My viewpoint is that a Facebook App is freeware. Now I could download any Freeware program for my computer and none of them would force me to email any of my friends before allowing me to try the software out, let alone use it.

    I'm beginning to form a picture that money is exchanging hands at some level between Facebook and Developer, based on the number of users.
    And greed is encouraging the less scrupulous Developer to want to keep the "Invite 20" feature.

  • Shanna January 27, 2008, 2:39 pm

    Ben: You *can* permanently block applications. When you get an invitation, click on the name of the app, and on the right-hand side there is a link to "Block application"; usually under the big "add application" button. It takes a few clicks, but you will never again be harassed to become a pirate, werewolf, or vampire. :)

    Of course, it would be nice if there was third button in the invitation to block it right off the bat. Even better, a privacy setting to permanently block all invitations. Period. JMNSHO.

  • Alec January 27, 2008, 4:24 pm

    Shanna – I'm not sure I've had a lot of success with that option. I have blocked some apps, but it's hard to tell if it's been effective.

  • Matt January 27, 2008, 6:54 pm

    all is "not well" at FaceBook, when it come to the almighty $…..

    many users…many page views…absolutely unsuccessful at monetizing the user base…

    despite its much ballyhooed "15 billion dollar" valuation, to date FB has received only 300-400 million from Microsoft for a miniscule % of the company (i think around September 2007)…this culminated a supposed "bidding war" between MS and Google where people were talking about a 10% – 15% cash out to the tune of 3-4 billion…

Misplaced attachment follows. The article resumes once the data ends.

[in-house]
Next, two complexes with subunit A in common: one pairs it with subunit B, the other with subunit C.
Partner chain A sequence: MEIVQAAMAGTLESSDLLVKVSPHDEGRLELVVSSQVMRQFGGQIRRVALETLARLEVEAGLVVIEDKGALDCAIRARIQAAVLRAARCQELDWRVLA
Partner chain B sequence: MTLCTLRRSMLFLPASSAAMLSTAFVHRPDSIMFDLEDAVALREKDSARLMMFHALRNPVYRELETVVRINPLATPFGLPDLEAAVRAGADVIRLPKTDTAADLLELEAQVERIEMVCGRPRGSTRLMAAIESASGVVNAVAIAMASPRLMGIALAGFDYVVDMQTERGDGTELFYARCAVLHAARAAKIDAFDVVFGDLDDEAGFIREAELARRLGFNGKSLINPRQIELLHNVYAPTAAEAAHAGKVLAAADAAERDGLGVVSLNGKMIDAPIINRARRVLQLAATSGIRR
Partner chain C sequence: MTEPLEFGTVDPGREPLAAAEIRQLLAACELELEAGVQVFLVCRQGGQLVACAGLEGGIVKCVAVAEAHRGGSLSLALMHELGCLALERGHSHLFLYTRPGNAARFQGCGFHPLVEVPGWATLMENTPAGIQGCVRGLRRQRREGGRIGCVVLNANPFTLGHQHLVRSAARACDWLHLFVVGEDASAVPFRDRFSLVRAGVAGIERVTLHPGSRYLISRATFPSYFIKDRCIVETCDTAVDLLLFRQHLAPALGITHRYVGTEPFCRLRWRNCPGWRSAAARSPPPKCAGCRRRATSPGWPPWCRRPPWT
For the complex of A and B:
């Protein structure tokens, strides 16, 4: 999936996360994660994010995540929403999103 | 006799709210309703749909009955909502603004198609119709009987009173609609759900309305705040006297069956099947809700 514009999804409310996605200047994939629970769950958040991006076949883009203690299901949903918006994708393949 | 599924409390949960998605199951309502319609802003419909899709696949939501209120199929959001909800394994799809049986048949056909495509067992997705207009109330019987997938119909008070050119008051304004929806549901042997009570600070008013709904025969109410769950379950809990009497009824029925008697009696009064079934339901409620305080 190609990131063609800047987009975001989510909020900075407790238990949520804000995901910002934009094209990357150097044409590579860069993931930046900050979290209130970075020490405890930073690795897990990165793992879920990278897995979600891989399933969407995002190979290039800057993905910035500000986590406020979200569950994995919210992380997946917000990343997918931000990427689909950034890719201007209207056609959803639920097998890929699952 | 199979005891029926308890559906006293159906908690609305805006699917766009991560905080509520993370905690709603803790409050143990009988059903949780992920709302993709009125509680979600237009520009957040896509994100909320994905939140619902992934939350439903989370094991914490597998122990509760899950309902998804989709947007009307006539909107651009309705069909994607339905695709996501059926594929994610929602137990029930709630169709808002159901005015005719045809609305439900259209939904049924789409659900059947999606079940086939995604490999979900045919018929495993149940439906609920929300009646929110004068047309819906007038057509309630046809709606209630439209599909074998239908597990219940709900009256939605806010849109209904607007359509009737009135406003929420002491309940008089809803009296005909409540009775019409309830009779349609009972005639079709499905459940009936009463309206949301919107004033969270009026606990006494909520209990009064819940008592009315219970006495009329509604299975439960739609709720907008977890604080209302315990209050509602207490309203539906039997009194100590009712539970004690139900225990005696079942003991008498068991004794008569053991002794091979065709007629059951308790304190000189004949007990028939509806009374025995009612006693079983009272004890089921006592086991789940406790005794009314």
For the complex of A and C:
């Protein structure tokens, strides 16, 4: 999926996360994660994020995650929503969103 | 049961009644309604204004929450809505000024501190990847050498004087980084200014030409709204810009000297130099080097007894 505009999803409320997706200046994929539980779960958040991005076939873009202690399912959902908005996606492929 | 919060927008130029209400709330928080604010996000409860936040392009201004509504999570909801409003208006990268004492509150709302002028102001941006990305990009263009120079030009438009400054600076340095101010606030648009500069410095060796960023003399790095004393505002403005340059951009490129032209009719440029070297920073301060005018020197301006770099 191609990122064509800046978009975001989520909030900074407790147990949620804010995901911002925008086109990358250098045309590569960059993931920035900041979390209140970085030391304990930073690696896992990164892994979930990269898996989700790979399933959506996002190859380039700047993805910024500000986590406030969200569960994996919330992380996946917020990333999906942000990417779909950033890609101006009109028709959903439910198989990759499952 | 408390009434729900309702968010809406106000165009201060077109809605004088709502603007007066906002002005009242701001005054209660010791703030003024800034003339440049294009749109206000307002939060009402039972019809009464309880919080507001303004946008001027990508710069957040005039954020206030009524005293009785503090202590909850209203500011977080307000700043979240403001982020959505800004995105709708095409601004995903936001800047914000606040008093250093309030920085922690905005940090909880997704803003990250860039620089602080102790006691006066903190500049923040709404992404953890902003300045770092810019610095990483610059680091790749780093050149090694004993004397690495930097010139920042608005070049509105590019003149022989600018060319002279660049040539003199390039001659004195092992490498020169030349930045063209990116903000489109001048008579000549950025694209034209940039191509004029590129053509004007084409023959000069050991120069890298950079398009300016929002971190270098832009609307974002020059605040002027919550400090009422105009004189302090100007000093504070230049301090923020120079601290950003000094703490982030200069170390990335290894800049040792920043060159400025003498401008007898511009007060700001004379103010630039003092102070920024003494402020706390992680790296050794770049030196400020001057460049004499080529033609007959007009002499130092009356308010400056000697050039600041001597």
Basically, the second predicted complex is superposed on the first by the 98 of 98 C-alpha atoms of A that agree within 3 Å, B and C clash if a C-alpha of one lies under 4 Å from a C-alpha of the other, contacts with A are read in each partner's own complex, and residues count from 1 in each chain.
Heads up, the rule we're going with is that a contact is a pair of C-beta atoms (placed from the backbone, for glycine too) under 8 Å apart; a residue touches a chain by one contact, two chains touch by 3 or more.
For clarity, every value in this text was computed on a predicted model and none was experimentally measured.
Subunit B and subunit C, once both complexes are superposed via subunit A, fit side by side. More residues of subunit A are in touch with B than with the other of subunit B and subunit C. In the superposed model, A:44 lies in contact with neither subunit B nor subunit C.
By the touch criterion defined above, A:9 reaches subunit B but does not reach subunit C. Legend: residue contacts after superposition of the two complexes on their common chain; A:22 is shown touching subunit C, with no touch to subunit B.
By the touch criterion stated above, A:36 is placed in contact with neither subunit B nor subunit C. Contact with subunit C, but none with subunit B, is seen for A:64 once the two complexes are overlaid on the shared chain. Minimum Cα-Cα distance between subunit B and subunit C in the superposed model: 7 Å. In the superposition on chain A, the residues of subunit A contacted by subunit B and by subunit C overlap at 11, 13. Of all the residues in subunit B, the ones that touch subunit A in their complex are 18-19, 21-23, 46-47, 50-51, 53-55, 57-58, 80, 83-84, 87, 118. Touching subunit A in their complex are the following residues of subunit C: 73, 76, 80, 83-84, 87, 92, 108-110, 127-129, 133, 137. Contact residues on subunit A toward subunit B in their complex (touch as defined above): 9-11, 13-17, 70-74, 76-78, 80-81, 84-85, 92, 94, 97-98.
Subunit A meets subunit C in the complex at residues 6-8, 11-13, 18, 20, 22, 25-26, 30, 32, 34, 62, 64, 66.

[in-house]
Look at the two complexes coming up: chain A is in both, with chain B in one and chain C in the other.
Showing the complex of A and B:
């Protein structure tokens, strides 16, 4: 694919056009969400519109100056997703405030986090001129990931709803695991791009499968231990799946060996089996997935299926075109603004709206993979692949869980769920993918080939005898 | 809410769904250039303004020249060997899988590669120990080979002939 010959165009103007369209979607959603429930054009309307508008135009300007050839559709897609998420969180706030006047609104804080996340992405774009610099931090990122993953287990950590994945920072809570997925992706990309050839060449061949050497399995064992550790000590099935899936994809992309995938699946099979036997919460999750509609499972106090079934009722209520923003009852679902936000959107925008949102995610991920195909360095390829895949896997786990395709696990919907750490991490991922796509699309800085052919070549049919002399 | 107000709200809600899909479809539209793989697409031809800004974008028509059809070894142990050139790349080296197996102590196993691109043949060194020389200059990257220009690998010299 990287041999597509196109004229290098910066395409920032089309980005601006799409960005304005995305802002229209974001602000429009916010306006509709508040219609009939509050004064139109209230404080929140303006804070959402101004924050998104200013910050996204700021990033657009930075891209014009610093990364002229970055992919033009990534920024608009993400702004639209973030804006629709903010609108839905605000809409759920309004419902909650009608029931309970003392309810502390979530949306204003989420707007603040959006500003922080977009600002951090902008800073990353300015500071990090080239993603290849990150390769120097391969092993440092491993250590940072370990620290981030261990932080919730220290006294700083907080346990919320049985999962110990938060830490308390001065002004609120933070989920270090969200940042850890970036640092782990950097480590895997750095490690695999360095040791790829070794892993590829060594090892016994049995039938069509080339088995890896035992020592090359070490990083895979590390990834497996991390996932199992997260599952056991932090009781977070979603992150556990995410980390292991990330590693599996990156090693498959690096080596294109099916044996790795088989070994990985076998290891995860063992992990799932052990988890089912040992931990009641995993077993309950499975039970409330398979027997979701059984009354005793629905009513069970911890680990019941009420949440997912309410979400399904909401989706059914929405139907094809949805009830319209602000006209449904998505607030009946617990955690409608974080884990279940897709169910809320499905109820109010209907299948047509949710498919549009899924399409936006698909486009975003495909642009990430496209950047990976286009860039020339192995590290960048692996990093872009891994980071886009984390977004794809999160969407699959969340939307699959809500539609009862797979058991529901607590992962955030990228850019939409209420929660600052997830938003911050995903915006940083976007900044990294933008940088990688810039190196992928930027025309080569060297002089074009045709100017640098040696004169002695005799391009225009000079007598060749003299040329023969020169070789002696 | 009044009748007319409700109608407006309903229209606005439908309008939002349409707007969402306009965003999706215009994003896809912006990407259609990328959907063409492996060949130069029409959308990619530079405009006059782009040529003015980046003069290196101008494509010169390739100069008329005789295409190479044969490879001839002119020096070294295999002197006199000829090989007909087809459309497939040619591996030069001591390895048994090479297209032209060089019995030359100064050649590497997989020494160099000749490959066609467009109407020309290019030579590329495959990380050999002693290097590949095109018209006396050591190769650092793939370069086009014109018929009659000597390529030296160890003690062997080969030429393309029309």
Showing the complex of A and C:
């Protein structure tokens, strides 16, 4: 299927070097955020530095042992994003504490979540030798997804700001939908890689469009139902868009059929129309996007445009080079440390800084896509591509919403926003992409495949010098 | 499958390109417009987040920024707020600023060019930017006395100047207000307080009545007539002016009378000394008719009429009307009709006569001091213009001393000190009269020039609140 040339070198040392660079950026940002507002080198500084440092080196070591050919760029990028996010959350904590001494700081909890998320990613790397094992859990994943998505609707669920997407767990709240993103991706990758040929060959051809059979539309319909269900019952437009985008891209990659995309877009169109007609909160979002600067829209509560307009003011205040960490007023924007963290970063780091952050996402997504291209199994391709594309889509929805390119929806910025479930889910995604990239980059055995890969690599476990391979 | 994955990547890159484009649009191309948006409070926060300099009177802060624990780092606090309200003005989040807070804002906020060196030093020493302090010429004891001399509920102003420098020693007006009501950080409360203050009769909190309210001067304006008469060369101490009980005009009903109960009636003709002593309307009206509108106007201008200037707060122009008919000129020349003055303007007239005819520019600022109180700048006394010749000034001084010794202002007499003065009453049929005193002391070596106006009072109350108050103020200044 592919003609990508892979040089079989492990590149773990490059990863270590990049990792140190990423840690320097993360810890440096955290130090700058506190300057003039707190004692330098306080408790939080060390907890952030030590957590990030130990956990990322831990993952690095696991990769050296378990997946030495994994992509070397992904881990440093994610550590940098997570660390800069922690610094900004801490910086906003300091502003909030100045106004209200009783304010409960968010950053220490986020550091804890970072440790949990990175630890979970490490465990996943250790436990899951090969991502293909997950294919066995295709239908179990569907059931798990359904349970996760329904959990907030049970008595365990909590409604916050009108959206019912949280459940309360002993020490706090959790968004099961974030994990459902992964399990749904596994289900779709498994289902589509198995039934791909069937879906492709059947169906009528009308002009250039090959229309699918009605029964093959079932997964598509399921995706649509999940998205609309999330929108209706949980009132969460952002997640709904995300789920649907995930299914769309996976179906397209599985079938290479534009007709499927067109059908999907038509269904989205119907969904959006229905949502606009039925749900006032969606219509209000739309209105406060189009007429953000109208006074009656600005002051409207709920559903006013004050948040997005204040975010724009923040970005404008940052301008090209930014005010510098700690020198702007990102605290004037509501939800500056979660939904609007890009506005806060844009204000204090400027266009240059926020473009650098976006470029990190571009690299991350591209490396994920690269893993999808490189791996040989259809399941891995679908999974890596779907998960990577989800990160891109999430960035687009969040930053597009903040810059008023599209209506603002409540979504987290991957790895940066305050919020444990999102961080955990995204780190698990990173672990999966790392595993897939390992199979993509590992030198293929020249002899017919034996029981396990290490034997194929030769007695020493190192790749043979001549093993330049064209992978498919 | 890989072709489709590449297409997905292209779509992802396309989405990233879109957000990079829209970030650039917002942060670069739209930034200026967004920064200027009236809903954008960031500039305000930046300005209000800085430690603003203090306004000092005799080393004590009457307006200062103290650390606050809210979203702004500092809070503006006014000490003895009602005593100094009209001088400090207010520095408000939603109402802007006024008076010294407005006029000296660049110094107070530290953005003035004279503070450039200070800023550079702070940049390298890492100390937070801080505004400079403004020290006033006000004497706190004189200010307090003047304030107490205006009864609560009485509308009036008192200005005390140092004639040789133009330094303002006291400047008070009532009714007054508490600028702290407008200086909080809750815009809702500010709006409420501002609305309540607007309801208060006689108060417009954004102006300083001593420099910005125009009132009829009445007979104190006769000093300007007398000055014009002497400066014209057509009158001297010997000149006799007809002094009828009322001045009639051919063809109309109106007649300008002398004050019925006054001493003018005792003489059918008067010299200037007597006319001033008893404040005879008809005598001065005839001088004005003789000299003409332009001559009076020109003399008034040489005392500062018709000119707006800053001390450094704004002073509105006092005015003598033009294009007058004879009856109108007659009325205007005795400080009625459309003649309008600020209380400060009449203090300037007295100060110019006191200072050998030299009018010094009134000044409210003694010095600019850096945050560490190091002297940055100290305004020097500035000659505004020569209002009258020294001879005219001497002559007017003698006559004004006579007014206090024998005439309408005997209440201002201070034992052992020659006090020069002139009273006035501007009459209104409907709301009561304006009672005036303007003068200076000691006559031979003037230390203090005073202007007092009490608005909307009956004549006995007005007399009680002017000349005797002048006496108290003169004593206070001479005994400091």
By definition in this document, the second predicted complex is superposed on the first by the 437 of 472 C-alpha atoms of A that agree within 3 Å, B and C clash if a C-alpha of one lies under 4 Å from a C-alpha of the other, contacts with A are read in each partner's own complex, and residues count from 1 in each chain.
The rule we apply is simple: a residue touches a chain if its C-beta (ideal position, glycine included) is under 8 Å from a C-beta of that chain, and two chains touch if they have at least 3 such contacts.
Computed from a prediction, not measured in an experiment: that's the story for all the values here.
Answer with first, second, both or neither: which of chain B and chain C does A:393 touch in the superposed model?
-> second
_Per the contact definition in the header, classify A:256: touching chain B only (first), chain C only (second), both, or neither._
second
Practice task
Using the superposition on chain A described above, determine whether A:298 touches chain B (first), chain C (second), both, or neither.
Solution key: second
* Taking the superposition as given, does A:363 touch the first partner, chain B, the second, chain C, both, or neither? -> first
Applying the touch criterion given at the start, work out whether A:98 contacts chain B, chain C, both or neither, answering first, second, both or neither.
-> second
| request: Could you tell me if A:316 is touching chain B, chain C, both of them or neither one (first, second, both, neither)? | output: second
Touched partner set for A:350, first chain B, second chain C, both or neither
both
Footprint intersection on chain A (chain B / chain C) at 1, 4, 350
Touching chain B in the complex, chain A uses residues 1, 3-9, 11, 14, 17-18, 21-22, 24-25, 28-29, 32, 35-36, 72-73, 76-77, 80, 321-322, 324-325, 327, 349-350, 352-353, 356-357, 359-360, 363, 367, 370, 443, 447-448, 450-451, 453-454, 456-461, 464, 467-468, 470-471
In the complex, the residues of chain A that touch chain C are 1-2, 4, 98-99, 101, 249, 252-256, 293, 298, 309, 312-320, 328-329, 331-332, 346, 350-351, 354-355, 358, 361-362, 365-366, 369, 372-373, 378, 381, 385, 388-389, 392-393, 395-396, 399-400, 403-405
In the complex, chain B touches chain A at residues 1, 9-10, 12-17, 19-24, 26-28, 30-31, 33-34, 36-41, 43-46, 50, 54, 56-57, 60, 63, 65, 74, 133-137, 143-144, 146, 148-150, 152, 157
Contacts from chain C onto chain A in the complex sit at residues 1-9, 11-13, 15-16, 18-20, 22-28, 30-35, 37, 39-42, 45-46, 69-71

Google, which pays top dollar for anything it thinks valuable, has not bought in at all, and now with MS in, has most likely walked away forever…

    and now with the American economy in the shape it is, it is highly likely that FaceBook has missed forever its 'moment in the sun" to sell (i.e. summer 2007), and Zuckerberg and his VC buddies may not actually "cash out"…

    so 70 million users, so what?

  • Matt Sickler January 27, 2008, 7:01 pm

    I definitely agree that forcing users to invite others is counter-active. Users should not _have_ to invite others – they should _want_ to invite others. Any app that forces the invite page on the user without the user explicitly asking for it is not worth its salt. That being said, there are plenty of developers out there with plenty of apps that are actually pretty good that dont have an invite page or its hidden. Dont blame "facebook developers" as a whole for this. I had my own app (I say "had" because I no longer have time to support it) that never had invites until my users asked for it! Even once I added it, it was never forced on the user. Granted, I ended with a total of 260 users (10 active daily – my app was very very simplistic). If an app like that can generate up to 260 users without any form of advertising, news feed, or invite system then all good apps should be able to also.

  • Montoya January 27, 2008, 7:08 pm

    I just wanted to say that I saw this crap coming months ago and I even wrote up a "manifesto" which I posted here:
    http://apprevie.ws/2007/11/12/the-facebook-app-ma

    When I posted a link to it on the dev board, everyone just scoffed and shooed me away for proposing any kind of order or ethics to app development. Big surprise.